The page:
The IRS alone sends millions of notices to taxpayers every year. When the IRS – or a state taxing agency – needs to contact a taxpayer, they typically send a letter to the last known address via the US Postal Service.
The IRS does not initiate contact with taxpayers via email, text message, or social media. In rare circumstances, an IRS Revenue Officer may call or physically visit a taxpayer before mailing a notice, but this is the exception rather than the rule. It is important to know IRS representatives all carry a government identification card to verify their authorization.
Scammers use sophisticated methods to make their contact look and feel like it is legitimate. There are a few things scammers typically do that are not part of the IRS’s process that can help someone determine if the notice is legitimate. The IRS does not demand immediate payment, so if during the first contact they are requesting payment or a specific type of payment, such as prepaid debit card, gift card, or by wire, be wary. Also, the IRS will only request payment be made to ‘United States Treasury, so if you have a different payee, this is a red flag.
You are always given an opportunity to respond to the notice and provide additional information to help resolve the matter in the notice. Also, the IRS does not threaten to bring local police, immigration officers, or other law enforcement agencies to arrest people for not paying taxes.
Now that we’ve covered the scams, let’s discuss what to do If you receive a notice. Don’t panic – notices are typically issued for discrepancies on the return that often revolve around resolving the differences between a number from a third-party provider, like a bank, and the number on the actual return.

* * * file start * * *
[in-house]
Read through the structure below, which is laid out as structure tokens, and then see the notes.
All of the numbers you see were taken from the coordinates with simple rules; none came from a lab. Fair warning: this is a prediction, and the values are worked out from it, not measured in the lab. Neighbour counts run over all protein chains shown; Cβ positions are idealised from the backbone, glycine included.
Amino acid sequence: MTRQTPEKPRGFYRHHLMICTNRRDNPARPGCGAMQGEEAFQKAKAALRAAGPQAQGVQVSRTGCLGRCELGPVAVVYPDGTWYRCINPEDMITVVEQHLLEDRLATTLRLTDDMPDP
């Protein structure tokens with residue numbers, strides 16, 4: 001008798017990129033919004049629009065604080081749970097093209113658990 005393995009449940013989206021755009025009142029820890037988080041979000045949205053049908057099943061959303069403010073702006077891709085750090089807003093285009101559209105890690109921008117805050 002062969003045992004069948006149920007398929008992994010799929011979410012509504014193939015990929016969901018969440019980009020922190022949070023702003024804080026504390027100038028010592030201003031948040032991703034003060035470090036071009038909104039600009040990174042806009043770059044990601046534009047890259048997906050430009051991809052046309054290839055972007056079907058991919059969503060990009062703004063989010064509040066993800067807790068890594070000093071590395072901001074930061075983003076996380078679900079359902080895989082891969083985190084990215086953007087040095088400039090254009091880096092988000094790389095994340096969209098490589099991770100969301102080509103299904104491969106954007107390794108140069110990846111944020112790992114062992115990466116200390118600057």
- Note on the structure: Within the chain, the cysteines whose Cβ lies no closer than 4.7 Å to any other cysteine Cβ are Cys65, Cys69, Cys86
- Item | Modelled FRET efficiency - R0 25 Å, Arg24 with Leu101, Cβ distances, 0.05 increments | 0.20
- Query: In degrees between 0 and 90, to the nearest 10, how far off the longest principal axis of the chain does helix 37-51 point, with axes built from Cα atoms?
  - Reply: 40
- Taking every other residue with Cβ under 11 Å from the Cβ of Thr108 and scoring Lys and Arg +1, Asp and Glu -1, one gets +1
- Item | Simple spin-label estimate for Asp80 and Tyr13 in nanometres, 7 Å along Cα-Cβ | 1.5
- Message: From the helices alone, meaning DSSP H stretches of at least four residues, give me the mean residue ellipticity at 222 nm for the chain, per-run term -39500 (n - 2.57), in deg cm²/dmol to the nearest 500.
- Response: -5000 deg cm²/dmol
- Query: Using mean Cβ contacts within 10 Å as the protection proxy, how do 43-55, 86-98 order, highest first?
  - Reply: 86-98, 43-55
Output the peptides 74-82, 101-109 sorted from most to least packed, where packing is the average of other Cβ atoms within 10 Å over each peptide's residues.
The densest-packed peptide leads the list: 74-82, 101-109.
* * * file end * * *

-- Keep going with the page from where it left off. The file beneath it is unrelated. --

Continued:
Most notices can be resolved with one response by sending additional information to the IRS. Take time to read the notice and understand what it is about. The notice will often specify additional information and a due date to send a response. Don’t ignore the notice and hope it goes away, because the IRS will continue to contact you and has the authority to levy bank accounts or garnish wages if they believe you owe additional taxes and you do not provide the information to prove otherwise.
If you agree with the notice and the changes included, then you can sign the notice to confirm your agreement and send payment and be done. If you disagree, the notice will give you a specific date when you need to respond to have additional information considered that may change the assessment in the notice. You should prepare a written response to explain why you disagree and include any information and documents you want the IRS to consider. You can expect a reply to your response but plan to wait at least 30 days for a response.
You have the right to have someone else, such as a CPA, Enrolled Agent or attorney represent you and discuss the notice on their behalf with the taxing agency. This will require a signed Power of Attorney Form where you authorize the IRS to communicate with the representative on your behalf.
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